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Wednesday, September 28, 2011

Western Sahara conflict erupts in violence on the soccer pitch



Soccer practice in Laayoune (Source: The Road to 2010)

By James M. Dorsey

Morocco Tuesday sought to downplay as football hooliganism the death last weekend of seven people, including two policemen, in clashes at the end of a soccer match between local residents of the West Saharan port city of Dakhla and migrants from the north of the country.

Some 20 people were reported to have been wounded in the clashes in what the state-owned news agency MAP said was a fight between rival supporters of local club Mououdia Dakhla and  Casablanca’s Chebab  Mohammedia .

The clashes, the worst in a year, reflected tension between the local population, many of whom see the migrants as an attempt by the Moroccan government to change the mineral-rich Western Sahara’s demography in a bid to prevent the region from voting for independence in an eventual referendum.

Morocco and the Algerian-backed Saharan independence movement Polisario Front fought a 25 year-long war that ended in 1991 with a United Nations-brokered ceasefire. US efforts to reach an agreement on the terms of a referendum stalled this summer with Polisario rejecting a Moroccan offer of far-reaching autonomy and demanding a referendum on independence instead.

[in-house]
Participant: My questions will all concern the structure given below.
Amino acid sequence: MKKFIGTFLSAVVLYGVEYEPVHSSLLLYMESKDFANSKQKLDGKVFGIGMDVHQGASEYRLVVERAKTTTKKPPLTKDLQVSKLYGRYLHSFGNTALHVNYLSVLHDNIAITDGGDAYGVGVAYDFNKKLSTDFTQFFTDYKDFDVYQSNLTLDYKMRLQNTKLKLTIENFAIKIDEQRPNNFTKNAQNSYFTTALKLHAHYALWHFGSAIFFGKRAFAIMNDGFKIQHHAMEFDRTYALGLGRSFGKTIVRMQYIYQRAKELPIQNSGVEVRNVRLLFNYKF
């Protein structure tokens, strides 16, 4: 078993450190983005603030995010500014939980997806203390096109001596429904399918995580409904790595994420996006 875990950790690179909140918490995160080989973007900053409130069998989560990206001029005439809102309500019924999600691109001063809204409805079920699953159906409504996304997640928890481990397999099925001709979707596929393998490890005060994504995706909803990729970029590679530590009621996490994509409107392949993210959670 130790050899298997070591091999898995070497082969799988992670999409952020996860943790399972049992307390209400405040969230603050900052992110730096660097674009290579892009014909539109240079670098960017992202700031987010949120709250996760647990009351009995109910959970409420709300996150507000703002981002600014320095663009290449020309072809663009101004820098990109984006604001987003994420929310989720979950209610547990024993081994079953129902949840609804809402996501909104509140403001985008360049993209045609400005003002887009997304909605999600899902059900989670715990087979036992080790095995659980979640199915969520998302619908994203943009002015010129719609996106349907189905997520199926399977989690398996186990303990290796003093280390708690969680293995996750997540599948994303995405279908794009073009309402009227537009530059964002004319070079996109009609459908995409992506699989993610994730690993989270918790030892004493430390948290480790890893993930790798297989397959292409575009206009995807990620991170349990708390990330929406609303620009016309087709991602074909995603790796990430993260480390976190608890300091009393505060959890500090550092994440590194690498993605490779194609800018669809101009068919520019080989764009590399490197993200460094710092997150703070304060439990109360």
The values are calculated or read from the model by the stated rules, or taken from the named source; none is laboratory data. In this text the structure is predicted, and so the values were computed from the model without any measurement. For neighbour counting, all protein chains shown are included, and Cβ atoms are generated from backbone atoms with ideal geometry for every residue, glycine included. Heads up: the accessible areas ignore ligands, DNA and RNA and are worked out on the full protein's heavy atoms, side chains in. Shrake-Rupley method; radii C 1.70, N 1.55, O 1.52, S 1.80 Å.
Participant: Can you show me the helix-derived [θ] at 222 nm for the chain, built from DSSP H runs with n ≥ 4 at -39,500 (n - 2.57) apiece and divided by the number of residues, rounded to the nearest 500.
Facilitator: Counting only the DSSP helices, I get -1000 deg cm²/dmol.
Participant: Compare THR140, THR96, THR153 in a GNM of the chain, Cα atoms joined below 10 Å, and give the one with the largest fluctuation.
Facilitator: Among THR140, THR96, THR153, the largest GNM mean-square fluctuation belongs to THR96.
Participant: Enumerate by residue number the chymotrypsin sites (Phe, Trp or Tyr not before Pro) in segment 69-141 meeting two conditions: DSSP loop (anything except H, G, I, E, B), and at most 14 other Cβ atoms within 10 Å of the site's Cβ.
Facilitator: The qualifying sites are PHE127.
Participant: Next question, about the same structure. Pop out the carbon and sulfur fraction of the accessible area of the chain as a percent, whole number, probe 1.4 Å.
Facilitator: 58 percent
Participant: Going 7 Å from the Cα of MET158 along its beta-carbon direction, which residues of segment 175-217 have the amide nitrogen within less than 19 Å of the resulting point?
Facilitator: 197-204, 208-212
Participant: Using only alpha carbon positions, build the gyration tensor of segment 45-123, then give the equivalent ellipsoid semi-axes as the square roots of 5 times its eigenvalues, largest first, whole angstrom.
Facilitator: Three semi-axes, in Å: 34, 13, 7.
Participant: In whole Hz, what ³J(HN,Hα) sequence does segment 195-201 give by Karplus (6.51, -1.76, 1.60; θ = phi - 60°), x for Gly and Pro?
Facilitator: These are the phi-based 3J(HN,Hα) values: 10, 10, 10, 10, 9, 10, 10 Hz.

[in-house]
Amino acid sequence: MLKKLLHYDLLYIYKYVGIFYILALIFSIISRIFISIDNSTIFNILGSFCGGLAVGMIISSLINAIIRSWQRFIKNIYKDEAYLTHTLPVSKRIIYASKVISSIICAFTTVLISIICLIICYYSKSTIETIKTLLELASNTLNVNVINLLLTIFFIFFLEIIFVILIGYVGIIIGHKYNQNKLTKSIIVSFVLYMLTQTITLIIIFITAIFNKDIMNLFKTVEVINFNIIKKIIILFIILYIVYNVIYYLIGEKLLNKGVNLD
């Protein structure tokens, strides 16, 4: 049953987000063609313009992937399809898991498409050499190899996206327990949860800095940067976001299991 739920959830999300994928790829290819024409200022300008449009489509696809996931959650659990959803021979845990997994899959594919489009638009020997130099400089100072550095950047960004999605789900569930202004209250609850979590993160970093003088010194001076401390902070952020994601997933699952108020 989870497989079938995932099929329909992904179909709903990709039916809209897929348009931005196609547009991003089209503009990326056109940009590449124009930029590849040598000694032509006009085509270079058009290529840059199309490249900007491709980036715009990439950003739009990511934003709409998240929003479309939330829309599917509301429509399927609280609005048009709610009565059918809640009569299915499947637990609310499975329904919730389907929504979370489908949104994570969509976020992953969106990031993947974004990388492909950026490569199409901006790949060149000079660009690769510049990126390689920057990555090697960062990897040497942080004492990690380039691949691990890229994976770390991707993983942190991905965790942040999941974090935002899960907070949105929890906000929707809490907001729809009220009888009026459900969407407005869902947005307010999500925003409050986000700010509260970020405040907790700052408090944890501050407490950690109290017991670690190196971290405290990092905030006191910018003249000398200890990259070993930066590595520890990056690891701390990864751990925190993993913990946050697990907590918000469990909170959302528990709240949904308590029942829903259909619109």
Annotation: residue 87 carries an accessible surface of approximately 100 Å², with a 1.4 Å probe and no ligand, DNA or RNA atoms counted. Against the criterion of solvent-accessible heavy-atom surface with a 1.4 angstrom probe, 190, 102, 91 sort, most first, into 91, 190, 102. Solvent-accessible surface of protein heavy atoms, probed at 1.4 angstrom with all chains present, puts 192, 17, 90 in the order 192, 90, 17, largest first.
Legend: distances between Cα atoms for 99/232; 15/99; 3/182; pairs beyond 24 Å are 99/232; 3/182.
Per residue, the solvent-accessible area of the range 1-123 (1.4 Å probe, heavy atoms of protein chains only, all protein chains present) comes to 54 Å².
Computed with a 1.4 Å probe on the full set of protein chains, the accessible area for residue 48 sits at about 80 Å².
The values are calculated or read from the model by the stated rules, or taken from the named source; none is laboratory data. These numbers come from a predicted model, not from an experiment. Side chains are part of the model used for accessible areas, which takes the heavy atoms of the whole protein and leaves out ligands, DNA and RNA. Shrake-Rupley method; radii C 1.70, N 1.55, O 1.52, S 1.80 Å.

The Western Sahara, a sparsely populated tract of desert about the size of Britain, was annexed by Morocco in 1975 after Spain’s withdrawal from the territory. Morocco has since moved people from the north of the country into the region. Dakhla lies 1,830 kilometers southwest of the Moroccan capital of Rabat.

The clashes erupted Sunday with youths throwing stones. They escalated as Sahrawi activists joined the fighting, local residents said. The residents said the violence continued on Monday. They said that police used teargas to restore calm and that troops had been deployed in two of Dakhla’s neighborhoods.

Moroccan Interior Minister Taieb Cherkaoui visited Dakhla a day after the violence ordered an inquiry to determine who was responsible for the violence.

Local authorities issued a statement saying that cars and businesses had been set on fire. “The security situation is under control and an inquiry by police detectives is under way to arrest people involved in these actions in order to bring them to trial," a statement by the Oued-Eddahab-Lagouira province said.

It charged that “criminals” had exploited the soccer riot to attack people with clubs and knives.

The soccer riots were the latest in a series of incidents between locals and migrants. Northerners attacked in February members of local population. The Saharan town of Laayoune witnessed last November deadly riots when police sought to break up a protest camp housing thousands of local residents demanding better living conditions.